Those with feline friends in their lives likely know this situation all too well: you're resting comfortably on your couch or bed with your cat curled firmly nearby you when she begins purring and kneading your lap. Suddenly, the moment is interrupted by ten of the sharpest claws you'll (hopefully) ever feel in your life. Cats knead for a number of reasons, but why do the claws come out at seemingly peaceful times?
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Why do cats knead?
"Making biscuits," "baking bread"… whatever affectionate term you choose to use, a cat's kneading habits stem from infancy. Kittens can be seen stimulating the flow of milk from their mother's teats by using their front paws to push on the breast. This trait can be seen among cats well into adulthood, who will sometimes do it as a form of comforting and stress relief. Sometimes, cats will knead soft surfaces or outdoor areas as a way to create a soft bed for them to rest in.
Additionally, cats will often knead surfaces in the home, like furniture or blankets, to mark their territories. Cats leave traces of their scent through kneading thanks to scent glands located in their paw pads. Whatever the reason, kneading is a completely normal and healthy part of cat behavior, but can sometimes become painful for anyone resting under those tiny feet if the claws make an appearance.
Why do cats bring out their claws to knead?
When a cat brings out his claws during a satisfying kneading session, it's most likely due to the fact that it feels good. We may conflate a cat's claws with our own fingernails, but a claw on a feline is actually attached to the last bone on the toe, says The Humane Society. When the claws are retracted, this bone rests in an upright position, and when they are extended they stretch forward, according to Merck Veterinary Manual. Extending the claws, when not done to harm enemies or prey, can feel like a stretch for a cat, and is often seen when felines perform a full-body stretch—arching the back, stretching the front legs outward, extending the claws and finishing up with a good back leg lunge.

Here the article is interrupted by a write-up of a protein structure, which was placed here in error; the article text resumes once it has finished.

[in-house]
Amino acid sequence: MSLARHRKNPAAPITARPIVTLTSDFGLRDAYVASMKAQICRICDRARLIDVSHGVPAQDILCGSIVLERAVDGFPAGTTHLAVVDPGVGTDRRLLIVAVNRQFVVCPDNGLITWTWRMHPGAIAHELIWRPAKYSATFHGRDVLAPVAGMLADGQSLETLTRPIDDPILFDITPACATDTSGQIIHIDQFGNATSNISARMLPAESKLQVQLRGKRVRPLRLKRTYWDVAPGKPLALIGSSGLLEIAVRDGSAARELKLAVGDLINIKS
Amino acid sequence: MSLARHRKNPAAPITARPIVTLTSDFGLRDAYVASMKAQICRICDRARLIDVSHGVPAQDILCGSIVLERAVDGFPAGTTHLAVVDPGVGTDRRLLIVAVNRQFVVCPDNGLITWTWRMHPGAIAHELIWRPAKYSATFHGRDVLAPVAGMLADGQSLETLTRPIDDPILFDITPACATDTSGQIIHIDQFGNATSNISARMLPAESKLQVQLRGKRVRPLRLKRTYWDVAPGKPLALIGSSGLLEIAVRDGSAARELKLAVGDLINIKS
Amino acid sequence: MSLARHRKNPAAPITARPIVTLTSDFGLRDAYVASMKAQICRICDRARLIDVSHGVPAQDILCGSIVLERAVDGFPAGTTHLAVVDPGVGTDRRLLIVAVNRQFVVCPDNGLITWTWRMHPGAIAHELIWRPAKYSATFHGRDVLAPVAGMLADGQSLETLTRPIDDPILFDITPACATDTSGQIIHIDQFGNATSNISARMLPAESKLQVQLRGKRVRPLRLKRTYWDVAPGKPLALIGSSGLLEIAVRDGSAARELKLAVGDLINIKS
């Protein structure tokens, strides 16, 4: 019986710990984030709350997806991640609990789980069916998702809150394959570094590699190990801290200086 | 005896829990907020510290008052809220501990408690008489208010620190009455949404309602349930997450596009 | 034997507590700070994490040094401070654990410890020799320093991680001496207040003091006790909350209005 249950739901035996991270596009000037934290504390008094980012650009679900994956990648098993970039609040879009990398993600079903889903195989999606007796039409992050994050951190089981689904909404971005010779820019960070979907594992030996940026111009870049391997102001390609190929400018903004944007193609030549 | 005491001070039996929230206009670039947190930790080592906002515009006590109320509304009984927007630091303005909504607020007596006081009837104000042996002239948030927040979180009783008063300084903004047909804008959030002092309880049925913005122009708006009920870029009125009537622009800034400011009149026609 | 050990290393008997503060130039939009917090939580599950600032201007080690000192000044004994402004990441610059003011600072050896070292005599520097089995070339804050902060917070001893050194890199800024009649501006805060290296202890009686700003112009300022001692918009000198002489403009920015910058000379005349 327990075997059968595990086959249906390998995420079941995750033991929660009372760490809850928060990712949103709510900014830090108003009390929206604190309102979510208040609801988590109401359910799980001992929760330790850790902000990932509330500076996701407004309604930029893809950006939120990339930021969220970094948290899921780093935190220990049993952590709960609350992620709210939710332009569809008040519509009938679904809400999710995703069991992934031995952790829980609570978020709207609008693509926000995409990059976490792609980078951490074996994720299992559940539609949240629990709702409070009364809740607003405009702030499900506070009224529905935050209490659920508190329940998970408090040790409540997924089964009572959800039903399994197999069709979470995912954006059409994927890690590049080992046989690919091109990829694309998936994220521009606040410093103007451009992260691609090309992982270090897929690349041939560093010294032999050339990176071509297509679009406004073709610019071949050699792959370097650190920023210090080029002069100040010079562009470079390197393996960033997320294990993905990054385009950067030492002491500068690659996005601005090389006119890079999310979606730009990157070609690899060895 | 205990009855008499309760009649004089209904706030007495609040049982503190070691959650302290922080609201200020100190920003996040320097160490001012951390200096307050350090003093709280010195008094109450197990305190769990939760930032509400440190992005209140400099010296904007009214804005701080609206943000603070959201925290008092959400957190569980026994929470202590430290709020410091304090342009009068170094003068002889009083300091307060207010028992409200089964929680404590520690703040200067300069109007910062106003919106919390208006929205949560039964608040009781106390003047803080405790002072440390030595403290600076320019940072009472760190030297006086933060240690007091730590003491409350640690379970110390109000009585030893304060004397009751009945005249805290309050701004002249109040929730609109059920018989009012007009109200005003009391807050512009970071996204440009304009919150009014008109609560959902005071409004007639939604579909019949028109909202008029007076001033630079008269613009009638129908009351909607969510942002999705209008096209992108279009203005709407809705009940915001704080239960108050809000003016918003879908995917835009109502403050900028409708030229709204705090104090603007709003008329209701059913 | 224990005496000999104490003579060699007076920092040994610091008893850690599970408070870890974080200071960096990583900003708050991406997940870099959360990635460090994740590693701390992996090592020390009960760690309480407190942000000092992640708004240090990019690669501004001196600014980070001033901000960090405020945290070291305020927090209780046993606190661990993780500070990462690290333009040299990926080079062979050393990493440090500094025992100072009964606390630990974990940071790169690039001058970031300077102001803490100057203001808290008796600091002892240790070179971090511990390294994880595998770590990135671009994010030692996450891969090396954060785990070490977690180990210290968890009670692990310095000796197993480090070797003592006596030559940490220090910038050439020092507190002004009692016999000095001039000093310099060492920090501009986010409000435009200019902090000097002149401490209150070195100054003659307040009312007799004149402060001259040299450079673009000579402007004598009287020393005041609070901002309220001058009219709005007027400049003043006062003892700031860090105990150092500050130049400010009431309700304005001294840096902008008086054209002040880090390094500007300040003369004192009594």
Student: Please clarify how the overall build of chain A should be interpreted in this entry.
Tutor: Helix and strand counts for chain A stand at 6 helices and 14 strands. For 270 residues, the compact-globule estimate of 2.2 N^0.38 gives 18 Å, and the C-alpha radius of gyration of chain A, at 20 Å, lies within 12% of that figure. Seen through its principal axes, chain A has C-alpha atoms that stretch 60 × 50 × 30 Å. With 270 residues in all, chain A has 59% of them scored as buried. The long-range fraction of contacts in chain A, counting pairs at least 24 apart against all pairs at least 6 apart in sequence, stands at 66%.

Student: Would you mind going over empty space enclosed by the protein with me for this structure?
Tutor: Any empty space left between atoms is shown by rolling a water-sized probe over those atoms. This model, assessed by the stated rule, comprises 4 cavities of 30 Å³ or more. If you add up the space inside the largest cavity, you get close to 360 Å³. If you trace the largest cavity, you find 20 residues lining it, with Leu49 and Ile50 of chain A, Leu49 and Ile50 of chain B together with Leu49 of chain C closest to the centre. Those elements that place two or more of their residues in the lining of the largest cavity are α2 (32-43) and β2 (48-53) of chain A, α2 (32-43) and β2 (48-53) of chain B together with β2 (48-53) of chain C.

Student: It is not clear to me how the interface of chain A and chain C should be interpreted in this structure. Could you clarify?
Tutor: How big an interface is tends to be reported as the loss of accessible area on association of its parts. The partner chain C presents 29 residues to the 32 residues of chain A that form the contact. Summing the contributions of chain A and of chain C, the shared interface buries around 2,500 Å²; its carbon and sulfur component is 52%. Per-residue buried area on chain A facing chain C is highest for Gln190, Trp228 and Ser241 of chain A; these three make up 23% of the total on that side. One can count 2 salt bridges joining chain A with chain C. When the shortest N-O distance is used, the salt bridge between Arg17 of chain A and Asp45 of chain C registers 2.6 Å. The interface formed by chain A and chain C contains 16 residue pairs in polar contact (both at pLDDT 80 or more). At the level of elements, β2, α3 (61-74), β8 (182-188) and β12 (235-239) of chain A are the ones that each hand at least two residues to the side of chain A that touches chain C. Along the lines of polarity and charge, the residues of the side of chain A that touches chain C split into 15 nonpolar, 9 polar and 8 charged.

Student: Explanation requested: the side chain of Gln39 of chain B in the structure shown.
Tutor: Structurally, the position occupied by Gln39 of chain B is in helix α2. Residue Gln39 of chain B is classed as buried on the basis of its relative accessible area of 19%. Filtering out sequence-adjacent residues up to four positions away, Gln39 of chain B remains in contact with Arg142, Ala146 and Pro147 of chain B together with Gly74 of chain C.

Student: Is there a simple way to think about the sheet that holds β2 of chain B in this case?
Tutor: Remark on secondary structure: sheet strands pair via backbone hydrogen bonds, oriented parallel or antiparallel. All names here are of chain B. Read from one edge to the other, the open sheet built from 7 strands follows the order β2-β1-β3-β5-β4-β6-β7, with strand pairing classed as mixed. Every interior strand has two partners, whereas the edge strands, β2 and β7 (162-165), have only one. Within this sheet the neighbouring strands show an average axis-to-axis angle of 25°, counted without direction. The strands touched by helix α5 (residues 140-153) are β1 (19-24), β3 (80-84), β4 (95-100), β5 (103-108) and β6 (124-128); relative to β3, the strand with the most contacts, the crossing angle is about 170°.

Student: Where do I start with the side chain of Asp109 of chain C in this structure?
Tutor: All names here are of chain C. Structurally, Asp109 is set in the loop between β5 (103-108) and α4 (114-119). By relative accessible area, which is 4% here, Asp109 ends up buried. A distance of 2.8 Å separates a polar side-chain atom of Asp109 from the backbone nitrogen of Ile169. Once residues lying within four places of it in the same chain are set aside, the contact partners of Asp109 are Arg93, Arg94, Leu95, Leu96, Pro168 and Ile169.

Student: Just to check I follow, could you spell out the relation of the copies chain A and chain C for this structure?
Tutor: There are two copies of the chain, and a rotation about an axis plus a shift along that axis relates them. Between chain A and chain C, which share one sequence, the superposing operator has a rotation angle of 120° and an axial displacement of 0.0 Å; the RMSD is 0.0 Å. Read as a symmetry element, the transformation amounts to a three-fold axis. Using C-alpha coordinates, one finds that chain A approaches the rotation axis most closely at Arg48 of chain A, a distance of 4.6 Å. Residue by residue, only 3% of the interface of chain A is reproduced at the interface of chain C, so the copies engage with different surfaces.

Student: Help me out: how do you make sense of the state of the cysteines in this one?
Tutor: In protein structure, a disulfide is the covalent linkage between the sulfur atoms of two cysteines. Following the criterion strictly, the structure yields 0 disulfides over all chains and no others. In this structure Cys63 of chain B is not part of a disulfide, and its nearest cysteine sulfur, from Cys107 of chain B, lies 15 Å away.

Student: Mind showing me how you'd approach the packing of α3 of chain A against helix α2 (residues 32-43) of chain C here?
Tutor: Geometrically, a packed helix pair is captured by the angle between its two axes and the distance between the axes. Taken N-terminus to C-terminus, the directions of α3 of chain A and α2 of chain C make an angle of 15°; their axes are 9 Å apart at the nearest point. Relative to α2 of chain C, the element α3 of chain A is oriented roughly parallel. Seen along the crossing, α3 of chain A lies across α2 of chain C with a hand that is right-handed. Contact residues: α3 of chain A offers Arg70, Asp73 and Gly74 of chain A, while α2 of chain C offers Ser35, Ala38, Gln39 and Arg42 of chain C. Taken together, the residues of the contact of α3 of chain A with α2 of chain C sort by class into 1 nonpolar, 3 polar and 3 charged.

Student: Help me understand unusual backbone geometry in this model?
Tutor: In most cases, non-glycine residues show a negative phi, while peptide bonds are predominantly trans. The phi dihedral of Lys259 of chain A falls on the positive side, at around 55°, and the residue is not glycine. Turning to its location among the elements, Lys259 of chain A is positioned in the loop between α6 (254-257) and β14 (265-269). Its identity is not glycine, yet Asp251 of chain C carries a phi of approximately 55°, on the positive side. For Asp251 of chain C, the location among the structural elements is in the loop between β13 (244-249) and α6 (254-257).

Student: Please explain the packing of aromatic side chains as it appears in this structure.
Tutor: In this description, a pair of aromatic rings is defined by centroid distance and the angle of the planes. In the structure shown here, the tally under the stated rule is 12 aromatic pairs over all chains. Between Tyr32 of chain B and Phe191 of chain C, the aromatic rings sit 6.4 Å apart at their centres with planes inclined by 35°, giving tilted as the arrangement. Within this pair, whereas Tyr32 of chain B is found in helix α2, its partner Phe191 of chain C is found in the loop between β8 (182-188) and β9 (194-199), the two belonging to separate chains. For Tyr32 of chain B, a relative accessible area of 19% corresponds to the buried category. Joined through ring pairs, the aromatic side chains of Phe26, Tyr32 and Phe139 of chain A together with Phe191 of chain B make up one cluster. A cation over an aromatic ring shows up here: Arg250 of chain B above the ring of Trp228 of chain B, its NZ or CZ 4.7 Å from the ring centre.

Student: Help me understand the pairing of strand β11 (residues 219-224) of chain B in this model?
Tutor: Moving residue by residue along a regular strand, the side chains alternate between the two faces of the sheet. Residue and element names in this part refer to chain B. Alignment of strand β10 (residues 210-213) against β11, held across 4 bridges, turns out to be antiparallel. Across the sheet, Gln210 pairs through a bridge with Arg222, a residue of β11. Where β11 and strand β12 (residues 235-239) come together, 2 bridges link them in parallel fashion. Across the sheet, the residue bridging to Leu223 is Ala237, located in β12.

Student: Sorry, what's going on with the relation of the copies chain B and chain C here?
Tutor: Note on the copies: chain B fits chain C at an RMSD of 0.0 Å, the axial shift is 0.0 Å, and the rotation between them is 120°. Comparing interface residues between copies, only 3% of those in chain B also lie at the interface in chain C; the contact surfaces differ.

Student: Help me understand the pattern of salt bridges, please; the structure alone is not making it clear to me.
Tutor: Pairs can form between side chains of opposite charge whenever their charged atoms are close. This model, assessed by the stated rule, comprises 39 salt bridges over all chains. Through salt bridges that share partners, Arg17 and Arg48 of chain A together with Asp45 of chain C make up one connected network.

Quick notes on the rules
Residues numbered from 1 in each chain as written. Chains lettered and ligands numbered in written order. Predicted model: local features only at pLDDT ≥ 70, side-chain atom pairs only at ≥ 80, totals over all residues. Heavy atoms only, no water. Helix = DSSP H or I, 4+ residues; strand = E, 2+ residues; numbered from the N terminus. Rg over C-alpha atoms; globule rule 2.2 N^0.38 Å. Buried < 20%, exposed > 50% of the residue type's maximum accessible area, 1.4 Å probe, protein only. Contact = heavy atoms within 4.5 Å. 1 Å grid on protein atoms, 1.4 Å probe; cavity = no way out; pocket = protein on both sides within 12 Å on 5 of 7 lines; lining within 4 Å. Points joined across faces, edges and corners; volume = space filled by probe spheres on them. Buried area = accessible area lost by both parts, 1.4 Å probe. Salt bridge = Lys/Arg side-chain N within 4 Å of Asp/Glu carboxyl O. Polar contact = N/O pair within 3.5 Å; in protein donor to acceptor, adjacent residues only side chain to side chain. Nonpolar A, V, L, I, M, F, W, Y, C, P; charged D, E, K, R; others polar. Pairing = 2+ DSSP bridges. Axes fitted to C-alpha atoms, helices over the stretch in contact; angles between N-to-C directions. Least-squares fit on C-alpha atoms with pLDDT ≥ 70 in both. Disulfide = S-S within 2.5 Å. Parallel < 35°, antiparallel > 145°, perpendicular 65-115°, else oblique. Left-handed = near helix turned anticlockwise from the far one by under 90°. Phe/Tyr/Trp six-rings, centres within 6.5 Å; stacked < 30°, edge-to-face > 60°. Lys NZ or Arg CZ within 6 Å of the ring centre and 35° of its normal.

It's important to differentiate between a cat using his claws while kneading, and cats who scratch in and around the home. When not displayed during kneading, scratching is often done as a way for cats to to mark territories, which is done via the scent glands in their paws, and visibly when leaving a physical scratch on a surface, says VCA Hospitals. Additionally, cats scratch at things, like tree trunks or scratching posts, to keep their claws in good health, which is an ingrained behavior inherited from their wild ancestors, and one that wild or feral cats who do not have humans around, rely on.
Cat claw safety tips
Cat clawing while kneading isn't done to harm, but that doesn't mean it can't still hurt or feel uncomfortable. If your cat tends to extend her claws while enjoying a good kneading session, place a blanket under her paws to absorb the nails. Keep your cat's nails trimmed, and offer scratching posts to help her shed the top layer of her nails in between trimmings. If your cat is clawing you too hard, you might consider applying temporary soft plastic caps, like Soft Paws, to her nails.
Cats knead to help themselves feel comfortable and free of stress, and usually, when the claws come out it's no cause for concern. Kneading with claws is often done as a way to enjoy a deep stretch, and as long as there's no dragging or biting involved, you probably just have a happy cat on your hands.
To keep yourself safe from scratches, place a thick blanket on your lap for your cat to knead, keep your cat's nails trimmed, and talk to your veterinarian about applying protective plastic caps to your cat's claws.